Court then referred to Coutts case where apart from some former cases, reliance was made on Pothier's writings 6 where it was stated that if PD is not obligated, then surety can also be not obliged reason being that liablity of surety is of accessory nature and cannot be a principal obligation. It was held that in situation where all parties knew the fact that PD is minor, the guarantors cannot be sued and cannot be held liable for a minor's loan which is void ab initio.

Court then established principle that until and unless circumstances of extraordinary nature like fraudulent representation or where the terms of contract can be constructed by judges similar to that of indemnity contract, liablity of surety in contract of guarantee can only be that of secondary in nature and for that contract to be valid, there is to exist a valid obligation on part of PD in the first place.

It held that factual matrix in Kashibai case were appearing to be that of indemnity and not guarantee and hence the decision in it was not contrary to the principle established previously. Court futher relied upon Subramia Chettiar v. Narayanaswami 7 case, where it was held that liablity of surety is coextensive vis-a-vis the liablity of PD and of accessory nature and it was inferred that liablity cannot be more or less to what is on part of PD as per Sec. 128.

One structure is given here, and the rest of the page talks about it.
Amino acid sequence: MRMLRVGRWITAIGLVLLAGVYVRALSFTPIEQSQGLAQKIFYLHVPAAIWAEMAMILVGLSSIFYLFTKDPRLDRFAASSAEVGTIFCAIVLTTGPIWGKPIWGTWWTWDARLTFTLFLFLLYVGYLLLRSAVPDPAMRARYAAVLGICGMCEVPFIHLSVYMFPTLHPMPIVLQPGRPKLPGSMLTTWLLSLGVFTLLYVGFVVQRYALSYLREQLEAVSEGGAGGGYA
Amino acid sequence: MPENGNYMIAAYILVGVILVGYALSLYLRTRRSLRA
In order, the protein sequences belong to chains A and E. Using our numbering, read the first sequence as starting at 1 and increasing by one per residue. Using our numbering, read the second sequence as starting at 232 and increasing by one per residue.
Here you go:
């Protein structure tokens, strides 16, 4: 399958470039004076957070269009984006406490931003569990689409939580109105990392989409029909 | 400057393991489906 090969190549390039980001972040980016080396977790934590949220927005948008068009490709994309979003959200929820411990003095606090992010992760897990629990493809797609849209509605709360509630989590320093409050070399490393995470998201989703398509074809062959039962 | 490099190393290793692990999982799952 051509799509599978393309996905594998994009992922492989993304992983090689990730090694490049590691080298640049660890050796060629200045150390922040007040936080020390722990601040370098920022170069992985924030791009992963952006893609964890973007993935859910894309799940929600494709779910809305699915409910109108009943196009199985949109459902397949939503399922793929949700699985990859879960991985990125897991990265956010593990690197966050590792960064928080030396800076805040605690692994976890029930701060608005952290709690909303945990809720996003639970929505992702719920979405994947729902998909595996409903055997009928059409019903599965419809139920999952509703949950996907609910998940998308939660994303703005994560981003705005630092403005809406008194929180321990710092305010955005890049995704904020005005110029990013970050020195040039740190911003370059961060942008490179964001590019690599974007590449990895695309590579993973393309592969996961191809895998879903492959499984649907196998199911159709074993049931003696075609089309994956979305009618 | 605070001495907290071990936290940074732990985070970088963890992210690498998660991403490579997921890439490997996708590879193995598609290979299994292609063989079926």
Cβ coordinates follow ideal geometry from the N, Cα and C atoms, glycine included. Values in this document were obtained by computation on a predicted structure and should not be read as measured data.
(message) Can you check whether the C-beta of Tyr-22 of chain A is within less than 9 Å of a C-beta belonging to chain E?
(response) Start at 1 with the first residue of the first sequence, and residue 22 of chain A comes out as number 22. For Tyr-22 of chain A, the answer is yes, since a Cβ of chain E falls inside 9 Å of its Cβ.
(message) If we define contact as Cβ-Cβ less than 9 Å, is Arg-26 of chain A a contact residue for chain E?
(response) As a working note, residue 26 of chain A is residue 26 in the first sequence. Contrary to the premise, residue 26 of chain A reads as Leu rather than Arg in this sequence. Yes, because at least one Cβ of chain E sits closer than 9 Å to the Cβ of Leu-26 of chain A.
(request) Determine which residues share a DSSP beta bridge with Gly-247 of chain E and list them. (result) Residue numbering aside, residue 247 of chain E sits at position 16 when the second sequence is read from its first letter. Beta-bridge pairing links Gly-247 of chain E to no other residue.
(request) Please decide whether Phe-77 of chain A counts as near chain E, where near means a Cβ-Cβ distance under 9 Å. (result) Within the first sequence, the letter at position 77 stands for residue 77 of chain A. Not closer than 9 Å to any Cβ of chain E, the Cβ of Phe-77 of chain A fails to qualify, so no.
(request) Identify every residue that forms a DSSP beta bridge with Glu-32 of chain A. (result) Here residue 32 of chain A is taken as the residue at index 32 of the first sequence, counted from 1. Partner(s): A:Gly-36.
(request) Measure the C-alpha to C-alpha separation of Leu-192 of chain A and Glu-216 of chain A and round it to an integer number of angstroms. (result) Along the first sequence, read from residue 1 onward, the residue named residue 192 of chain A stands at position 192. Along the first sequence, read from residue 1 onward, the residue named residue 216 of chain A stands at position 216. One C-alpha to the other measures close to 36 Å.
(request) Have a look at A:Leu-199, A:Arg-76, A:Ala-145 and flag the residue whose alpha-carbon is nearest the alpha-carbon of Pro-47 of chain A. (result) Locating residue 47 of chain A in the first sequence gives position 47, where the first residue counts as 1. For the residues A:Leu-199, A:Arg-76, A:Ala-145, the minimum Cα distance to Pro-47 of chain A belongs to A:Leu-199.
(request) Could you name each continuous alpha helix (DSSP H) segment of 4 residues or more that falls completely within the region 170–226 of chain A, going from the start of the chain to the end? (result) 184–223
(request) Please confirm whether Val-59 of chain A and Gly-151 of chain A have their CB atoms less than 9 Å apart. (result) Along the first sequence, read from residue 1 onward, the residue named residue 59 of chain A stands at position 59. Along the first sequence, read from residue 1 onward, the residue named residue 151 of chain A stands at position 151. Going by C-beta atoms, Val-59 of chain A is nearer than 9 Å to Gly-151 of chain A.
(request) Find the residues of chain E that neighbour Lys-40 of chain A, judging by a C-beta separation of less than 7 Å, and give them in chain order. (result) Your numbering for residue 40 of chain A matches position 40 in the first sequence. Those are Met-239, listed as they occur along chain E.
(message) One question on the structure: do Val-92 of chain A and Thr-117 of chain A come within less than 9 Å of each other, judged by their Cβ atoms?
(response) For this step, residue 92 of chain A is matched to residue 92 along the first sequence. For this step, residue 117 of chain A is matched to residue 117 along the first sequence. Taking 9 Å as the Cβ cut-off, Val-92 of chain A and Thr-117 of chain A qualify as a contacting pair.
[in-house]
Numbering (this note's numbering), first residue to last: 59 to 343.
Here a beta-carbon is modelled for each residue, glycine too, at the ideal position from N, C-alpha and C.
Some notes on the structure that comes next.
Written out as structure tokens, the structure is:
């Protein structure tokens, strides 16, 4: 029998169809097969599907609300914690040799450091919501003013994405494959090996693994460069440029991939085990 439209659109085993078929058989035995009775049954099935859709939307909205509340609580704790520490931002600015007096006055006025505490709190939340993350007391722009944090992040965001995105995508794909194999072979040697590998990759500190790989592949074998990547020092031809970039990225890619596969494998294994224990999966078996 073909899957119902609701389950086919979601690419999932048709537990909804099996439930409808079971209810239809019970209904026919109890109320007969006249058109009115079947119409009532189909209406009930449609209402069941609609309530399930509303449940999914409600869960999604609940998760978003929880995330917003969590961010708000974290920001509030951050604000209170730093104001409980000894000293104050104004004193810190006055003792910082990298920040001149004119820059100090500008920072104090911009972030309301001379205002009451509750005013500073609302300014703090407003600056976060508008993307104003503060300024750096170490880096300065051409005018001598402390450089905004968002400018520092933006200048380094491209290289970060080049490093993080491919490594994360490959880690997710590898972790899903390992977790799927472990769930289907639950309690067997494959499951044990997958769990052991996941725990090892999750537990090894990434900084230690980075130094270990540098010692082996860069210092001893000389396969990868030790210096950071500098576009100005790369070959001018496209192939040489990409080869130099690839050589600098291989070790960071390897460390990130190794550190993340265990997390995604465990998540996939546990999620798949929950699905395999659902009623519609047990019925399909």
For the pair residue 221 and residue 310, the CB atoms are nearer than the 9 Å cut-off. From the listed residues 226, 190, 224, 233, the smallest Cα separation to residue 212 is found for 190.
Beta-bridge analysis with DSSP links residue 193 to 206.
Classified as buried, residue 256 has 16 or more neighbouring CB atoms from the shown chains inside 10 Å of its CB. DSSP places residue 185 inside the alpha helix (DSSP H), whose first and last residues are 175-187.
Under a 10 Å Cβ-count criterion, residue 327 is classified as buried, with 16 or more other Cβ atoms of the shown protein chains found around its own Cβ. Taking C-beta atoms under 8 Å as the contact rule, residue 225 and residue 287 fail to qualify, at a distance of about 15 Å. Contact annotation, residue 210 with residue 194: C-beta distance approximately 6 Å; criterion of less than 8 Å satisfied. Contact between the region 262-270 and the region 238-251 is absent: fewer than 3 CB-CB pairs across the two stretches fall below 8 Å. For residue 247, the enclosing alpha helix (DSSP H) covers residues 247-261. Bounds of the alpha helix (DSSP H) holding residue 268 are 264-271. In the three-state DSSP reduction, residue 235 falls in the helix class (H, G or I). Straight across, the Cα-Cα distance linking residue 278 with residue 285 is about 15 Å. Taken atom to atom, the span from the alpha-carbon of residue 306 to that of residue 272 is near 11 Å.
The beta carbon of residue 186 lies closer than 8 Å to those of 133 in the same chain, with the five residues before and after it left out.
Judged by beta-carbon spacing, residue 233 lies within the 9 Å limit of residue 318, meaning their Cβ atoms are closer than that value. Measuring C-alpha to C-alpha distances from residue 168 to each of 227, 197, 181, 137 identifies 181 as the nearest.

Babu Rao v. Babu Manaklal
8 case was also relied upon by court in Subramia case where it was said that in such cases the question needs to be asked is whether PD itself is liable and if answer is negative, surety cannot be compelled to discharge that obligation that has in fact no existence at all.

In the book Chitty on Contracts9, which was referred by Judges in Kashiba's case, para 812 talks about principle established in Coutts case that it is the essence of Contract of Guarantee that 'someone' shall be principally liable. In para 813 comes the excerpts which were referred to by Judges in Kashiba's case and in the end of this para, editors later added that in absence of extraordinary circumstances, general principle as stated in 812 para of Coutt's case will hold good and guarantor won't be held liable.

This is itself the acknowledgement on part of editors of Chitty on Contracts that it is one of the essentials of contract of guarantee that there must be a PD liable in eyes of law. Henceforth, as per the reasons mentioned, the principle abovementioned was established and was held that for liablity of surety, it is necessary that there exists a liablity on part of PD or existence of special circumstance like fraudulent representation or where terms of contract can be constructed by judges to be that of the nature of indemnity.

End-Notes:
  1. (1836) 10 Bligh NS 627.
  2. 1947 KB 10.
  3. ILR (1895) 19 Bom 697.
  4. MANU/TN/0182/1941.
  5. Dinshah Fardunji Mulla, The Indian Contract Act 1872 446-447 (7th ed.).
  6. de Cloyar, Law Of Guarantees And Of Principal And Surety 210 (3rd ed. 1897).
  7. (1950) 2 M.L.J. 74.
  8. I.L.R. (1939) Nag. 175.
  9. Kenneth Scott et. al., Chitty On Contracts 447 (21st ed.).